Mange – Demodectic

Demodectic mange is a skin condition caused by a microscopic mite that lives in the hair follicle. A small number of Demodex mites live in the skin of most dogs without causing any problem. When a dogs immune system is compromised due to illness, parasites, or poor nutrition, Demodex mites can multiply rapidly. It is especially common in young dogs. The overgrowth of mites damages the hair follicle, resulting in hair loss and skin irritation.


The first sign is one or more small patches of hair loss. These can occur anywhere on the body, but the most common areas are the face, ears, and front legs. The skin in these areas may become reddish or crusty, but is not itchy. Most cases of demodectic mange never progress beyond this stage, which is called localized demodecosis.

Generalized demodecosis is a more serious condition, in which the areas of hair loss and skin injury cover much of the body. Dogs with generalized demodecosis usually have very weak immune systems, so it may take much longer for them to recover. The damaged skin is also very susceptible to infection. Bacteria, yeasts, and other microbes that normally exist in the environment can invade the skin and internal tissues. These secondary infections can be serious, even life-threatening.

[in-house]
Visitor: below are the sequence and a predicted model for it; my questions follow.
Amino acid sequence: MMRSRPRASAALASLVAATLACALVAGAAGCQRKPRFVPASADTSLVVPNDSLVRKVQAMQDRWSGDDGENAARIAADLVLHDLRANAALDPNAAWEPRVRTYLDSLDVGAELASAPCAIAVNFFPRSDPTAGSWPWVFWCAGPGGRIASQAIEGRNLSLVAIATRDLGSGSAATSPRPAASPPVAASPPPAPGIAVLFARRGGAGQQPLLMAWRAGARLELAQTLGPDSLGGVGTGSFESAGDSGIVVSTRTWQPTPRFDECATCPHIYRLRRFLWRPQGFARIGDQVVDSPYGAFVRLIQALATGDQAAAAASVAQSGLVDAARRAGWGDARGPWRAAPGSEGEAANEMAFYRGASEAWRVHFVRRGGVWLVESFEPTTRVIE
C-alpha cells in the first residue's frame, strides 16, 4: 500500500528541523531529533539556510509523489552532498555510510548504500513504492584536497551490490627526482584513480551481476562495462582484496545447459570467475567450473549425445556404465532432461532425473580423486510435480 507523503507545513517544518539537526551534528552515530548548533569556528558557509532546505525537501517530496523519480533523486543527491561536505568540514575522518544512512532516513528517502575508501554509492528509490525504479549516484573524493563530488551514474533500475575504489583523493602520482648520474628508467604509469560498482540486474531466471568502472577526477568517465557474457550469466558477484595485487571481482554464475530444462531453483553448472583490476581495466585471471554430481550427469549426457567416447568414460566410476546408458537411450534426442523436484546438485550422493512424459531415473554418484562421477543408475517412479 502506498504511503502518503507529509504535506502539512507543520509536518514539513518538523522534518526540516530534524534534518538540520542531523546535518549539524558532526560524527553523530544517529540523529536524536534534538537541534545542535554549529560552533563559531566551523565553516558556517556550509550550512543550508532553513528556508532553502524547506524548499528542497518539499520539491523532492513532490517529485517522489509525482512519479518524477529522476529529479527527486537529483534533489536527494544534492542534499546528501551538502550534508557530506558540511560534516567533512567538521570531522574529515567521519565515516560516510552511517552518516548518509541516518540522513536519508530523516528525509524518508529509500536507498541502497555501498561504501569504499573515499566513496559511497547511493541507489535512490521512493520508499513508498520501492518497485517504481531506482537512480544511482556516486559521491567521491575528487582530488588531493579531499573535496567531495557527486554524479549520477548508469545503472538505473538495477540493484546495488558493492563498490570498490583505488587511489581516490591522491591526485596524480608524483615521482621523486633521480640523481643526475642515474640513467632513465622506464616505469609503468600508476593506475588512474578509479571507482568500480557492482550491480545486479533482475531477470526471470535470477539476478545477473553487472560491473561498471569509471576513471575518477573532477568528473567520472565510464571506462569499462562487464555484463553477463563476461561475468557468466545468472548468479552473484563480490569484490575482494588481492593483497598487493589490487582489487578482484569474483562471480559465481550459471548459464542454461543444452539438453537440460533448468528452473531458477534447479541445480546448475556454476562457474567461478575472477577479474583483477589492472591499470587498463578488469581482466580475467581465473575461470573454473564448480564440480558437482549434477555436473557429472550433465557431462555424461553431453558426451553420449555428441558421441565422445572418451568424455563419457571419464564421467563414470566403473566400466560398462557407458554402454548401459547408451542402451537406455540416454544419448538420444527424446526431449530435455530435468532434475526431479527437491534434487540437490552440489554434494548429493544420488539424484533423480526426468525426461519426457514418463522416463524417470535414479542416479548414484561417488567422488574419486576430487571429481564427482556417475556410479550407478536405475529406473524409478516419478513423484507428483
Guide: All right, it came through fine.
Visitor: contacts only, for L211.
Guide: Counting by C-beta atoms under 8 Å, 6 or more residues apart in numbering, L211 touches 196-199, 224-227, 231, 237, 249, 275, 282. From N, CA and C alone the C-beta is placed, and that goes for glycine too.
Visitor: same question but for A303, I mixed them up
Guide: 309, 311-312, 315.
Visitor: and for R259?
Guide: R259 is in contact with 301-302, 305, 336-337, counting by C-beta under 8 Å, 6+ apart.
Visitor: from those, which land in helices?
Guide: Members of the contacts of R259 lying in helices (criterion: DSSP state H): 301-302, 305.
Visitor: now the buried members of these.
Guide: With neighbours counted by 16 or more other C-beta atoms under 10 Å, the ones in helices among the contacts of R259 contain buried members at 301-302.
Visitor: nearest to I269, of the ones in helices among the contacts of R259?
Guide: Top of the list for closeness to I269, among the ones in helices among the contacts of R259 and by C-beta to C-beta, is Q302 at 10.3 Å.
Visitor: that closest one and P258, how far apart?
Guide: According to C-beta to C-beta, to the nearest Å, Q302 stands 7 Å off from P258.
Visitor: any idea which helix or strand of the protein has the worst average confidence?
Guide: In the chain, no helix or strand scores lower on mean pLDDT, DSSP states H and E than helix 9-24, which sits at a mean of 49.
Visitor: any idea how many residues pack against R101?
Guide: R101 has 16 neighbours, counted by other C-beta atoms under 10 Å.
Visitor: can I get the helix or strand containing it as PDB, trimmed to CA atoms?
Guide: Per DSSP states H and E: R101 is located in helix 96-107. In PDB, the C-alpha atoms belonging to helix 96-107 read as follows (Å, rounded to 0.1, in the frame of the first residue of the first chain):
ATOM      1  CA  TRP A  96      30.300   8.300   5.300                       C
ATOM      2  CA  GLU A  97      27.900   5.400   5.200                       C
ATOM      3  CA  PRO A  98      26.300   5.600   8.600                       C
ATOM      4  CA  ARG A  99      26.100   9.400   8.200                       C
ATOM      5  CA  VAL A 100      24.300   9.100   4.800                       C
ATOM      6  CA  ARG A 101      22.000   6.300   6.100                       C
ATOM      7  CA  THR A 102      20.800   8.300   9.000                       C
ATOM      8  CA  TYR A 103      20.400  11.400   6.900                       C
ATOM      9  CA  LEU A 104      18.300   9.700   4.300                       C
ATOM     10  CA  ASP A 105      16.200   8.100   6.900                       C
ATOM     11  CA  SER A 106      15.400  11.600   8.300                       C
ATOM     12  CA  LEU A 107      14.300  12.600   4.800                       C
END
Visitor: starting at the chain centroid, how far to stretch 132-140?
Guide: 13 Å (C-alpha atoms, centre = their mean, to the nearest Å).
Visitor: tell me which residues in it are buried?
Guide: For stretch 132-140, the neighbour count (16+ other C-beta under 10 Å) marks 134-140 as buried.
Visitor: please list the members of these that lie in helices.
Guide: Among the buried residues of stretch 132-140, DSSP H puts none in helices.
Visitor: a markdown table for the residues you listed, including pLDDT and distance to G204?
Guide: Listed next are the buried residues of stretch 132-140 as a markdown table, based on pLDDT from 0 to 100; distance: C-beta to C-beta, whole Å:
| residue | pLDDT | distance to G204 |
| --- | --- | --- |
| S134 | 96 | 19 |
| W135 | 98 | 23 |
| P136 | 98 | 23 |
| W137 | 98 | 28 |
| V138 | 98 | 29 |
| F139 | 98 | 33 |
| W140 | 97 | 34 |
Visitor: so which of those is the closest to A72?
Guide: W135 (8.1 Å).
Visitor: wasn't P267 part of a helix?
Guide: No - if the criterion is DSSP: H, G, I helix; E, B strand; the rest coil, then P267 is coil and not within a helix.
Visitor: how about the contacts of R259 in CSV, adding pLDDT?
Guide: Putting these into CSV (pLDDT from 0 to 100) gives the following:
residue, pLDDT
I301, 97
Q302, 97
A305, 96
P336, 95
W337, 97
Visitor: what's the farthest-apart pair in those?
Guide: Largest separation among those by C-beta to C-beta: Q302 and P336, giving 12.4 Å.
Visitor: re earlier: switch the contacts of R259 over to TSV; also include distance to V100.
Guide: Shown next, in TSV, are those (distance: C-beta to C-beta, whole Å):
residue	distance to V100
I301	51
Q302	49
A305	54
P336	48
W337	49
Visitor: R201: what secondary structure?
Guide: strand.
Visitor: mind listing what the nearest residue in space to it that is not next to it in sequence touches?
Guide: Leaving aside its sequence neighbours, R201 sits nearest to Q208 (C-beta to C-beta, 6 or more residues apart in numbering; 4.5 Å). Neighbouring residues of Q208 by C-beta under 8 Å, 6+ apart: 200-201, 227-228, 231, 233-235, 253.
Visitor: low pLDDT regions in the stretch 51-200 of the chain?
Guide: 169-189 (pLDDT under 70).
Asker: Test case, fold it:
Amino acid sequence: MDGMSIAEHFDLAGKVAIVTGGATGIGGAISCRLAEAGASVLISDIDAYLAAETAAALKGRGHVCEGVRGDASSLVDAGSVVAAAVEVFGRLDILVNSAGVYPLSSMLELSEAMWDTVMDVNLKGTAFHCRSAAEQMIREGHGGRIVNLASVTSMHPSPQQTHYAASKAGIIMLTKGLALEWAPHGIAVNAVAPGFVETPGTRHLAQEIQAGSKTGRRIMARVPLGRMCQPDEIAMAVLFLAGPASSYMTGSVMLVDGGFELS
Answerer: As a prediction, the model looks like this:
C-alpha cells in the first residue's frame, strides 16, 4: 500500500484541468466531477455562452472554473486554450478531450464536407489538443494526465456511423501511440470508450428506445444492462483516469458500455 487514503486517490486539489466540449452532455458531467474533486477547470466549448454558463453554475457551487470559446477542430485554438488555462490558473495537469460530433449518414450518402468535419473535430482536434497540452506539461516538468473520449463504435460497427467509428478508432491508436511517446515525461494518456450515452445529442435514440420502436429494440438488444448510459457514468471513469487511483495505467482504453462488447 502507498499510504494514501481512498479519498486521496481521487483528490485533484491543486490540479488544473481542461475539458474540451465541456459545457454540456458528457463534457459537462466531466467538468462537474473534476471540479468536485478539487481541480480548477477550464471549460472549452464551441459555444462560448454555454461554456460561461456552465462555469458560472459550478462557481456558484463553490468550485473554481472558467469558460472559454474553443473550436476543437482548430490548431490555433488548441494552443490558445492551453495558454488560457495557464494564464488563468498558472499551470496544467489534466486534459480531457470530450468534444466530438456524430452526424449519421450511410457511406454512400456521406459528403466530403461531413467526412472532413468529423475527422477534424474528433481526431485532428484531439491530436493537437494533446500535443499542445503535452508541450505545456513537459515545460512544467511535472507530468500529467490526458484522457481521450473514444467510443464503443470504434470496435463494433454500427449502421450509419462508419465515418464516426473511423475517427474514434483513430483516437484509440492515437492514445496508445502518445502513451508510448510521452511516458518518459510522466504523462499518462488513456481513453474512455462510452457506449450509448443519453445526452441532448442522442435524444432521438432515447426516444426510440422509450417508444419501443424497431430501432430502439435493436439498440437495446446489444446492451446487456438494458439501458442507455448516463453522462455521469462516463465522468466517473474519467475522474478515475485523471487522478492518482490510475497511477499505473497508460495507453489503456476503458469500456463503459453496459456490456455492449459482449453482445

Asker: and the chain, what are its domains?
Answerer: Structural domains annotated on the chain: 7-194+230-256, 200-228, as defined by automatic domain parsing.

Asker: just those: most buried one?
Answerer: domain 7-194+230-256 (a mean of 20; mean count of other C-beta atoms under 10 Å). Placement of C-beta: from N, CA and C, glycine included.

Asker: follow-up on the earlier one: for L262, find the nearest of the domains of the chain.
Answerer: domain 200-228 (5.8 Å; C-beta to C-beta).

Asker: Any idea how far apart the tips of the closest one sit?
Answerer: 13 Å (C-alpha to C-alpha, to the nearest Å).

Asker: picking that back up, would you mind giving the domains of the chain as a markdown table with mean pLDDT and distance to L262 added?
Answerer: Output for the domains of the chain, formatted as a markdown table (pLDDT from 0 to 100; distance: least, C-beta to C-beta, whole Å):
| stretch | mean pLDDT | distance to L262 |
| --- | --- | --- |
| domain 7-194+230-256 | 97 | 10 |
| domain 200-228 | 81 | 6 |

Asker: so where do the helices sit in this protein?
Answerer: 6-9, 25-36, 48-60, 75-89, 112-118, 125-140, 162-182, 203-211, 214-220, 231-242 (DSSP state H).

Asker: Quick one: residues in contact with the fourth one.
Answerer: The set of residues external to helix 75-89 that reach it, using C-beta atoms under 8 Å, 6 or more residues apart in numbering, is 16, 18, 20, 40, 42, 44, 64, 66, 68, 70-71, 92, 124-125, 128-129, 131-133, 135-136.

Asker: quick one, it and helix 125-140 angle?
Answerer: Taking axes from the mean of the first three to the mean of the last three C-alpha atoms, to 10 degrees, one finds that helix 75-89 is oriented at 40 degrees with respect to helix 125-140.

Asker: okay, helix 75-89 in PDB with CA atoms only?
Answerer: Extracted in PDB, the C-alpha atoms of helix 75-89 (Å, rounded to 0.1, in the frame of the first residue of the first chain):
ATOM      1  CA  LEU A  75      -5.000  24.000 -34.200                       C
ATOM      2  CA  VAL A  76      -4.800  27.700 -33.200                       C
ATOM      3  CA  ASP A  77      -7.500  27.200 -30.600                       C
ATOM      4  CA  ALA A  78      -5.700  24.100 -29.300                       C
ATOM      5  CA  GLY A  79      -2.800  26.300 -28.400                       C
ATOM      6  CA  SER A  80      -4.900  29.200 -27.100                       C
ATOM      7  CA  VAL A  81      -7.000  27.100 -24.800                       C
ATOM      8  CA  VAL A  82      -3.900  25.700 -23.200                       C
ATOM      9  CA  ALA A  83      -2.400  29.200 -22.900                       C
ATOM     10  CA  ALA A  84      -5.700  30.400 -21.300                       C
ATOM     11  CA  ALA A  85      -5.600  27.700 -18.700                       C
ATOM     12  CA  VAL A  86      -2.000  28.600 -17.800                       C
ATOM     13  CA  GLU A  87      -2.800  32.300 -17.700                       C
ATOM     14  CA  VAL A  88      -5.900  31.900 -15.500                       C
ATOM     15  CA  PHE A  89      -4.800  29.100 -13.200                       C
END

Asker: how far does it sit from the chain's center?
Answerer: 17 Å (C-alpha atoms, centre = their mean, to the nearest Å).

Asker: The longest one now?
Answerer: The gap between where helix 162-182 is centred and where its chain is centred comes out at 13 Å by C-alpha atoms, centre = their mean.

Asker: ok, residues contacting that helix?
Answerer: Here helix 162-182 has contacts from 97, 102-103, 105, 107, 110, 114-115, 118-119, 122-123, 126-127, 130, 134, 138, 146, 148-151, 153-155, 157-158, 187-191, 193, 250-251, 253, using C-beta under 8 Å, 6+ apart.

Although the areas of hair loss may lead the veterinarian to suspect demodectic mange, the final diagnosis is made by performing a skin scraping test. The skin is scraped in several areas to loosen cells and mites which are then examined microscopically. Large numbers of Demodex mites are seen in most cases. Occasionally, the mites are more difficult to find, requiring repeated testing. Other tests may be performed to make sure the hair loss is not due to a cause other than mites.


The veterinarian will select the treatment plan based on the condition of the dog and the severity of the skin condition. Treatments may include skin creams, dips, or medications given by mouth or by injection. In cases of generalized mange, antibiotics and other treatments may be required as well. The length of treatment varies depending on the unique ability of each dog to recover. It may range from weeks to months or more. Follow-up skin scraping tests will be performed to confirm full recovery.

Because the Demodex mite is normally present in all dogs in small quantities, the condition is not contagious to other pets or to people.